| 1065 words

I kind of discovered something about myself recently. Maybe noticed is a better word. Firstly, I just want to mention that it's pretty fun to notice to something new about yourself. How often does that happen, especially as we get older and more static? I think it would be sad to eventually reach an age where you no longer have any new introspections; you're entirely figured out. Luckily I think that's pretty rare as long as you keep growing, and I'm pleased that I still get to experience that feeling.

Anyway, it wasn't too profound. Just that I prefer to be behind in a competitive game or difficult task. It motivates me far more than the alternative. I noticed it when I realized quite a lot of my tournament chess games follow a similar pattern. I play casually at the start, trying to lock in but getting distracted. I get a little bit behind, then suddenly I decide I'm not going down without a fight. I play in peak form, setting traps and calculating tactics which fully utilize every resource I have left.

It's really fun to play like this, and there's nothing more thrilling than clawing your way back from certain defeat. Unfortunately it's pretty hard to focus like this unless I really need it, maybe kind of like the avatar state haha. I don't even mind losing games like this, because I know I played my absolute best.

I noticed in games where I take an early lead, I just don't have the ferocity to punish my opponent and keep them behind. I'd rather let them catch up, it's a more interesting game when it's close right? At least, that's what I tell myself. Only after I inevitably fall behind do I usually start playing as well as I know I'm capable of.

It's not just chess either. Sometimes I have friends who introduce me to other games they want to beat me at. If it's a competitive game, then I grind nonstop until I can really challenge them, practicing every day and reading advice on how to win in my spare time. The moment I win, I practically drop the game because my lust for victory was sated. And victory is sweetest when I hardly have a chance.

Unless, of course, my friend feels the same way I do and then works as hard as me to catch up. That's how a competitive obsession can begin.

When I'm solidly a better player, I notice I like to handicap myself in unique and creative ways to make things more interesting. Even in a more casual game like Among Us I will stop trying too hard and start lowkey roleplaying if I notice that the imposters aren't doing well and need a boost. I'm not sure if people like it when I handicap myself though, and I'm doubly unsure if they believe me when I say I genuinely prefer playing from behind. Honestly, it hard to remember that not everybody does.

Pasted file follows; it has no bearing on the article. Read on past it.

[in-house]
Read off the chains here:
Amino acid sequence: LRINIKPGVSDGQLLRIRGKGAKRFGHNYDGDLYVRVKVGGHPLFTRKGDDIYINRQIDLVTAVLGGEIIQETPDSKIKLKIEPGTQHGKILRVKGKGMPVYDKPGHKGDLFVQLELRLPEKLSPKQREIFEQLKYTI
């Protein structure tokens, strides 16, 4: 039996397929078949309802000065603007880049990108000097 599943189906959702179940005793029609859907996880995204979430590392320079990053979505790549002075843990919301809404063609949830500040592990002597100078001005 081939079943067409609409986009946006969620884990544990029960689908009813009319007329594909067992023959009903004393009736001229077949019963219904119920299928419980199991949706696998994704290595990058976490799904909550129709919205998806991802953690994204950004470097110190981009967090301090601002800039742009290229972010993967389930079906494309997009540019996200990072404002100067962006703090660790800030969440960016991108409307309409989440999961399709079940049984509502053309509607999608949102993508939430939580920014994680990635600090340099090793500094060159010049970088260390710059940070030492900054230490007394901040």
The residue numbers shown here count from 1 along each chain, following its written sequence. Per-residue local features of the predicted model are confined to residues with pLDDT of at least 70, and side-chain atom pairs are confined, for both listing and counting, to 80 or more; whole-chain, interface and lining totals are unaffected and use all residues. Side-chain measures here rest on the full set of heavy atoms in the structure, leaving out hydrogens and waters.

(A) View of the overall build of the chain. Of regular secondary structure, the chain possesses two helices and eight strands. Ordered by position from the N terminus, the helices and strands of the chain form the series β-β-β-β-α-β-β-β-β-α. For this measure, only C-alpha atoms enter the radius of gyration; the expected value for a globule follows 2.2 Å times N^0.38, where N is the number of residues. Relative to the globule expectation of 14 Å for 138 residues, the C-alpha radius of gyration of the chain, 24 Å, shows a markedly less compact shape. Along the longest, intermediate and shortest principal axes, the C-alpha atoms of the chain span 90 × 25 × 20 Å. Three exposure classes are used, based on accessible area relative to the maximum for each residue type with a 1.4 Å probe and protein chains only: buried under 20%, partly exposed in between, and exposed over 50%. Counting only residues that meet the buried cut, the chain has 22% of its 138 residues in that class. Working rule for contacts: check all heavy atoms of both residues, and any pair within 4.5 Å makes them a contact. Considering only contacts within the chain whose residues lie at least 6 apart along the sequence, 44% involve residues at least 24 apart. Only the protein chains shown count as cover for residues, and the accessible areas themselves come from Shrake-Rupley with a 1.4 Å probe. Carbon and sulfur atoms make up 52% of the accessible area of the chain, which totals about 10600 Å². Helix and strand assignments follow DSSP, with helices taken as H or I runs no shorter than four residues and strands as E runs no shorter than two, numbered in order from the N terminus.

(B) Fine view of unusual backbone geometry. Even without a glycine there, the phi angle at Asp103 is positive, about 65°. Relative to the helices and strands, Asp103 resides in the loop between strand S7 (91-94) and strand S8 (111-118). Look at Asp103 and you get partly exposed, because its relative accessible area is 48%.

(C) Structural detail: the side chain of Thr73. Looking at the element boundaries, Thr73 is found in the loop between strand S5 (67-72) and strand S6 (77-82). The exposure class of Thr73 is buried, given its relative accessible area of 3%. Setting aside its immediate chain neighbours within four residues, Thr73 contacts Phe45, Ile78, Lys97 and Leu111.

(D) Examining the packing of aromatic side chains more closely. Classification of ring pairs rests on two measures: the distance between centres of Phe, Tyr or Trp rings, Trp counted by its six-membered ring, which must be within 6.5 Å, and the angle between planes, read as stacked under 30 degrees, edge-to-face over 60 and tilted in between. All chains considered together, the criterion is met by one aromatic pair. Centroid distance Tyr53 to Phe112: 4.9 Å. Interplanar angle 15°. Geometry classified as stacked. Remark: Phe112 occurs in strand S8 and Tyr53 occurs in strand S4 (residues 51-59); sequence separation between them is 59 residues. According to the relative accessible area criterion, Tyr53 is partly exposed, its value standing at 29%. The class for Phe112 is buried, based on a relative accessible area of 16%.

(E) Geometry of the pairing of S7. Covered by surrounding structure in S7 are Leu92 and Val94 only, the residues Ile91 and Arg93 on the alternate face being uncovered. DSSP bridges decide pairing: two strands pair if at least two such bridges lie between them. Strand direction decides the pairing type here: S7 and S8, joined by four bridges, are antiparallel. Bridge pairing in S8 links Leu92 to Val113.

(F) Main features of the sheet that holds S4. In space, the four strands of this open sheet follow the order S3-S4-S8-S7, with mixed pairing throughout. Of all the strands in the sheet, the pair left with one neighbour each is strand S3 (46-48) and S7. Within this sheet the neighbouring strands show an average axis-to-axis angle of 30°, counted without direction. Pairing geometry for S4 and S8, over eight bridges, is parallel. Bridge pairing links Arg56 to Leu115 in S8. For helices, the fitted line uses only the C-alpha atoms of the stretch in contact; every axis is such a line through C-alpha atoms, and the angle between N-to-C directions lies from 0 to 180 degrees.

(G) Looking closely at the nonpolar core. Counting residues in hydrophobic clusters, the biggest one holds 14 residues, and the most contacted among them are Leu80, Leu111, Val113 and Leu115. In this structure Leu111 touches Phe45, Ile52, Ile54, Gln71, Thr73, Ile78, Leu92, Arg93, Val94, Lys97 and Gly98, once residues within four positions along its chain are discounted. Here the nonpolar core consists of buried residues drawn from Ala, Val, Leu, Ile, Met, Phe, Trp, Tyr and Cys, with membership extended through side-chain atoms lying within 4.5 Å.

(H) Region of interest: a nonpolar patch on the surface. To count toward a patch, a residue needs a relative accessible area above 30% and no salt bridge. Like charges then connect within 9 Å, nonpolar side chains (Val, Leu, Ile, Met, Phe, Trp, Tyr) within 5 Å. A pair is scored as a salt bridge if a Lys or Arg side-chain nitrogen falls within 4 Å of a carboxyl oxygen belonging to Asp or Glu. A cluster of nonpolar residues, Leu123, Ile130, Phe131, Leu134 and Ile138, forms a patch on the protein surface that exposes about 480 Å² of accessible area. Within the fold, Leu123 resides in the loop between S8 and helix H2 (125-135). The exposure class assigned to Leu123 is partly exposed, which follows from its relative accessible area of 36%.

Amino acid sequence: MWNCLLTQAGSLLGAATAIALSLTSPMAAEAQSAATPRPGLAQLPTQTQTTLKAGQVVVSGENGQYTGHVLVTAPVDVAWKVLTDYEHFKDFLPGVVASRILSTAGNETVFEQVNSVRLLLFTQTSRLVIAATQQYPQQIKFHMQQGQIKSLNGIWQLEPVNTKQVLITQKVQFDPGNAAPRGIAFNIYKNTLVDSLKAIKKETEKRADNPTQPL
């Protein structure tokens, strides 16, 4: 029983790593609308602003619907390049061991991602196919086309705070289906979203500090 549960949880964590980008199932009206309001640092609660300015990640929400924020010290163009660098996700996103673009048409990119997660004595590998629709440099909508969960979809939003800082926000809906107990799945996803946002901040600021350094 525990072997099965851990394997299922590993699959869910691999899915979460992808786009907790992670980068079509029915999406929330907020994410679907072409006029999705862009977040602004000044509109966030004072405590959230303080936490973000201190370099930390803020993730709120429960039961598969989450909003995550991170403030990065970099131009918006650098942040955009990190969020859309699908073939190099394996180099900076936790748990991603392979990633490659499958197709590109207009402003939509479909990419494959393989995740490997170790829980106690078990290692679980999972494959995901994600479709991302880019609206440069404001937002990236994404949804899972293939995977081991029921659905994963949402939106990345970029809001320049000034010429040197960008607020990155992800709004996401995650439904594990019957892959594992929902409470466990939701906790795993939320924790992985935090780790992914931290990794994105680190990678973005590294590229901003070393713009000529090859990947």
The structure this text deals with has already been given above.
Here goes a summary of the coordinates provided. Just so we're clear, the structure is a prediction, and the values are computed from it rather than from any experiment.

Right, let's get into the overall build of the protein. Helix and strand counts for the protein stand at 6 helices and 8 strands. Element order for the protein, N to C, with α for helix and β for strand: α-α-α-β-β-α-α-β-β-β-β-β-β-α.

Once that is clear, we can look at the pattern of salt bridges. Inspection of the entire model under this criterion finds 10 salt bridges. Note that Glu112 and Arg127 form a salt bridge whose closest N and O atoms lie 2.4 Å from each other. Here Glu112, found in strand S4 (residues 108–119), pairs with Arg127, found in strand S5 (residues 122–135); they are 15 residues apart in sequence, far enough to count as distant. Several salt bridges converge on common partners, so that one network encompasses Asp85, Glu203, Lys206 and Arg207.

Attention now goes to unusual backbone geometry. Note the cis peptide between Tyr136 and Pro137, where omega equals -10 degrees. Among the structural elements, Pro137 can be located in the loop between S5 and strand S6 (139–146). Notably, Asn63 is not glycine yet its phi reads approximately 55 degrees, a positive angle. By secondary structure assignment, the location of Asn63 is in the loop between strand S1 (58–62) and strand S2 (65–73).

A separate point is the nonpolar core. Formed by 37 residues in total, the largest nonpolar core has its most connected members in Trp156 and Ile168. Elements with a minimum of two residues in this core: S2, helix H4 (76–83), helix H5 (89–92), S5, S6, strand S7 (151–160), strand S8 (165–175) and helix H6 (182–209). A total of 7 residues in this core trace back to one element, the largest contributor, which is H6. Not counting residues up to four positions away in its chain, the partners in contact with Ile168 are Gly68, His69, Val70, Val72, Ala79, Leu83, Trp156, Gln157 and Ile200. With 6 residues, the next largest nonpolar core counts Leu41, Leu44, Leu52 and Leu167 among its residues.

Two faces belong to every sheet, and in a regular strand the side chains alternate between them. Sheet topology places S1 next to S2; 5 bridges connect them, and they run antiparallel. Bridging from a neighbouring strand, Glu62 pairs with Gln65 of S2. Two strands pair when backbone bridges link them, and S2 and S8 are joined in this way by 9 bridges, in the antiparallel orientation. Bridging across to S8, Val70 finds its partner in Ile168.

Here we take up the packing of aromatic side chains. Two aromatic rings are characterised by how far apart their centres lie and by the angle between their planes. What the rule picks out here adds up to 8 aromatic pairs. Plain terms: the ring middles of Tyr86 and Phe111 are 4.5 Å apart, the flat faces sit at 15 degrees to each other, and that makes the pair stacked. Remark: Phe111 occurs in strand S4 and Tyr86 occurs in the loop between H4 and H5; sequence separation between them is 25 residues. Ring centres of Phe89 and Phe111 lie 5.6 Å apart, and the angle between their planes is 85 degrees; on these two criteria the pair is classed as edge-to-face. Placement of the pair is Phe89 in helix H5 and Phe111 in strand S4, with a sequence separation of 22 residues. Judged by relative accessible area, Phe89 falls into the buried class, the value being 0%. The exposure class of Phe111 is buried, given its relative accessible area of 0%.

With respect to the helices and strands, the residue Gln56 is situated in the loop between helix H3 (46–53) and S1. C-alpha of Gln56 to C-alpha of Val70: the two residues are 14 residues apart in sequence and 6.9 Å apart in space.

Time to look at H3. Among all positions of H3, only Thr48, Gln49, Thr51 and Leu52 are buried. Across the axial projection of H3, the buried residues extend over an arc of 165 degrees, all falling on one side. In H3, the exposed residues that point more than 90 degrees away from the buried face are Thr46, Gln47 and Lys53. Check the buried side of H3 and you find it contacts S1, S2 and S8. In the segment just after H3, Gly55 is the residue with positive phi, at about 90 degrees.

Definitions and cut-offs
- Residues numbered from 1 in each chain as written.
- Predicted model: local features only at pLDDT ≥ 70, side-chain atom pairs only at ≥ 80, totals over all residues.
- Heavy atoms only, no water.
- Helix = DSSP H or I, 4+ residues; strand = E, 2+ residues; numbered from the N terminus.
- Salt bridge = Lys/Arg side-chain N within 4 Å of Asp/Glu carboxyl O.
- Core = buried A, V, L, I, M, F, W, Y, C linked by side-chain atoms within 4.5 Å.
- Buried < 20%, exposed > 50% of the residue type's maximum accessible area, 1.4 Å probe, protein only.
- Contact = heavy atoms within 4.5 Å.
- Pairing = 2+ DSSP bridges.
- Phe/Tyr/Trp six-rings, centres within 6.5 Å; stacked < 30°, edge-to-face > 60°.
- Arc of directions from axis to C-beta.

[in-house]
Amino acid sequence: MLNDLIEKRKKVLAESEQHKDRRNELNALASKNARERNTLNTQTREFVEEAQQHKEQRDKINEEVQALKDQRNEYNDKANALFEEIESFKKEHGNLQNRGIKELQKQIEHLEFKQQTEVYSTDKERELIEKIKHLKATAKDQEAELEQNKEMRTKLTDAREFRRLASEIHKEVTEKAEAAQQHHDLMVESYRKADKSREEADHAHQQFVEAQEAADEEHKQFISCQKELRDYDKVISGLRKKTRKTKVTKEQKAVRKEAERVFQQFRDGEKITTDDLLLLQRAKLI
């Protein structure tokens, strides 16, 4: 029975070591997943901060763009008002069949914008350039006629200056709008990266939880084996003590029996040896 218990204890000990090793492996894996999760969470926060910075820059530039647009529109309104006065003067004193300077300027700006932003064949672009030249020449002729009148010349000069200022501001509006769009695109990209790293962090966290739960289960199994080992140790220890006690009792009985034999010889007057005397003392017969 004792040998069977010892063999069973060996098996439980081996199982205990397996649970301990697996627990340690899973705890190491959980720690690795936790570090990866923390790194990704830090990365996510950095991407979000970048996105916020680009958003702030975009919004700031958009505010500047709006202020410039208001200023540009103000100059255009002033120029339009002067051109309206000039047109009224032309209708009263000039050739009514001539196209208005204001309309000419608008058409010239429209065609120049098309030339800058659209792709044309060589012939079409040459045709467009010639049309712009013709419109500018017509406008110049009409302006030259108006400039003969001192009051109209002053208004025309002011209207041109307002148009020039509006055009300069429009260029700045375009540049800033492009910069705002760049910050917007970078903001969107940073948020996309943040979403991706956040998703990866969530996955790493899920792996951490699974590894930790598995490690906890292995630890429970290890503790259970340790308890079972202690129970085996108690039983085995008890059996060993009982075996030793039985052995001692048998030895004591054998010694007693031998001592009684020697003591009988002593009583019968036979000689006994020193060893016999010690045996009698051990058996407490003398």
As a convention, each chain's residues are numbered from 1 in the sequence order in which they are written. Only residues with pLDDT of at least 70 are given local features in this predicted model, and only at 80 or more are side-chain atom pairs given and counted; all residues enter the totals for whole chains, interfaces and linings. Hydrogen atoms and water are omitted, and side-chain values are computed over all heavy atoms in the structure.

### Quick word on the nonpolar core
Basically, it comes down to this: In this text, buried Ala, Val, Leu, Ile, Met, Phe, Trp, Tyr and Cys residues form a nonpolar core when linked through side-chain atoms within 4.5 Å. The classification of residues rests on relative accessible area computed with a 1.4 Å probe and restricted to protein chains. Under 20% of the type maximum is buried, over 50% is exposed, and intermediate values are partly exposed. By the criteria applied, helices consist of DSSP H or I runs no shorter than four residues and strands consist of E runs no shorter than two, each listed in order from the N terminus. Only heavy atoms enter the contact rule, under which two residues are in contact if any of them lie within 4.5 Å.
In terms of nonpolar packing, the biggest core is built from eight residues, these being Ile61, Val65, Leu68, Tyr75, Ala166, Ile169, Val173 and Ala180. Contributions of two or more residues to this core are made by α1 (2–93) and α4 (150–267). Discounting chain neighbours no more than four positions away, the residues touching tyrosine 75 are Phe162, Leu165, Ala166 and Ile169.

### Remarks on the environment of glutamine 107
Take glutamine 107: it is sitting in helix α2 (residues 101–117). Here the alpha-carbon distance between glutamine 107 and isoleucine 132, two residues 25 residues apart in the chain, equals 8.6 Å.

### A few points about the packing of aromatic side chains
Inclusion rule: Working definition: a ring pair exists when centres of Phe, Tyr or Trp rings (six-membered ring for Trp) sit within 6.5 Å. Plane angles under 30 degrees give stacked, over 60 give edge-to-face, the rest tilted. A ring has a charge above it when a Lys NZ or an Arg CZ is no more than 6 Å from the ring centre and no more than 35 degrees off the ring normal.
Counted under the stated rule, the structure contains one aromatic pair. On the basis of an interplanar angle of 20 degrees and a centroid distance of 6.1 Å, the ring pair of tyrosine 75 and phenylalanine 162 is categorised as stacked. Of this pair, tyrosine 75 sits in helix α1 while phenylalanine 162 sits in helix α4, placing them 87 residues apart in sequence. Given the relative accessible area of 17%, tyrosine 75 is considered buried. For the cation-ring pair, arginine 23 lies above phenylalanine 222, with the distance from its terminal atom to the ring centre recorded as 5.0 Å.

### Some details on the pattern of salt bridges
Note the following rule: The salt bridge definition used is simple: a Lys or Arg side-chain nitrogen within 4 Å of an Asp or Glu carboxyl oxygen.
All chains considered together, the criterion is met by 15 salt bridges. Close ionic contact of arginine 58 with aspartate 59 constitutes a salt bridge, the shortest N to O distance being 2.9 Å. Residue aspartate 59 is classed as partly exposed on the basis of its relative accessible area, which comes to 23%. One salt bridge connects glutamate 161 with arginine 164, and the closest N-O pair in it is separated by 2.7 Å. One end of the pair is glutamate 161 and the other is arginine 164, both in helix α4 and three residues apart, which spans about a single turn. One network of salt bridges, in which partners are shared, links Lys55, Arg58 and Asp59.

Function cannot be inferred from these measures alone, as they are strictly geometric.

I can see how this might be a bad thing, but honestly I'm really happy I figured it out. Desperation can be so fun, and now that I've noticed it in games I'm starting to notice it everywhere else too. Like how when I miscalculate and I'm late for something or I need to put out fires while I'm doing something else at the same time? It's like time slows and my mind expands and I can suddenly think twice as fast. It's amazing.

When I have tasks at work that are routine and trivial I will put them off for a long time, interspersing plenty of snack breaks and relaxation. When I'm given a task that I'm not sure is possible, I will eat lunch at my desk and work on the weekends. I don't even mind, because I enjoy that second scenario more - I just have to see if it can be done. If I am capable of doing it.

To some extent I wonder if this is cope I tell myself when I lose. "Oh ya, I was just too good so I didn't try. That's obviously why I lost, I just chose not to try". Practically speaking, though, I think enjoying the feeling of coming back from behind, of clawing your way back from an impossible situation, is a really useful feeling to have. For one it means that I can usually get up to speed on a new competitive game pretty quick, assuming my friends care about it enough to keep challenging me.

The real benefit, however, is taking full advantage of the fun and easy part of the learning curve. The more you learn something, the harder it is to master additional information. There are diminishing returns on the time you put in, which is why it's a lot quicker to go from a beginner to a novice at something, than to go from intermediate to expert. By dedicating so much time to things I'm, bad at, around people who are far better, I'm spending all my time in the fun, easy, and exponential growth part of the learning process. It's the fastest and funnest way to learn new things, in my opinion.

Reaching this insight is pretty valuable because I'll know how to motivate myself better in the future. Now that I know I enjoy feeling behind, I can probably even construct this feeling with other techniques when I'm not actually behind. I know for a fact I can play well, it's just about getting the mental to play well consistently. That's a pattern in any top performers in any area. They know how to get to their peak and stay there. If I could harness this energy for work or projects, I'd be unstoppable.

I don't know if I want to be unstoppable though. It's a lot of fun just locking in to get a skill boost when I need it, and messing around the other 80% of the time. I guess we'll find out if that changes now that I understand myself a little better.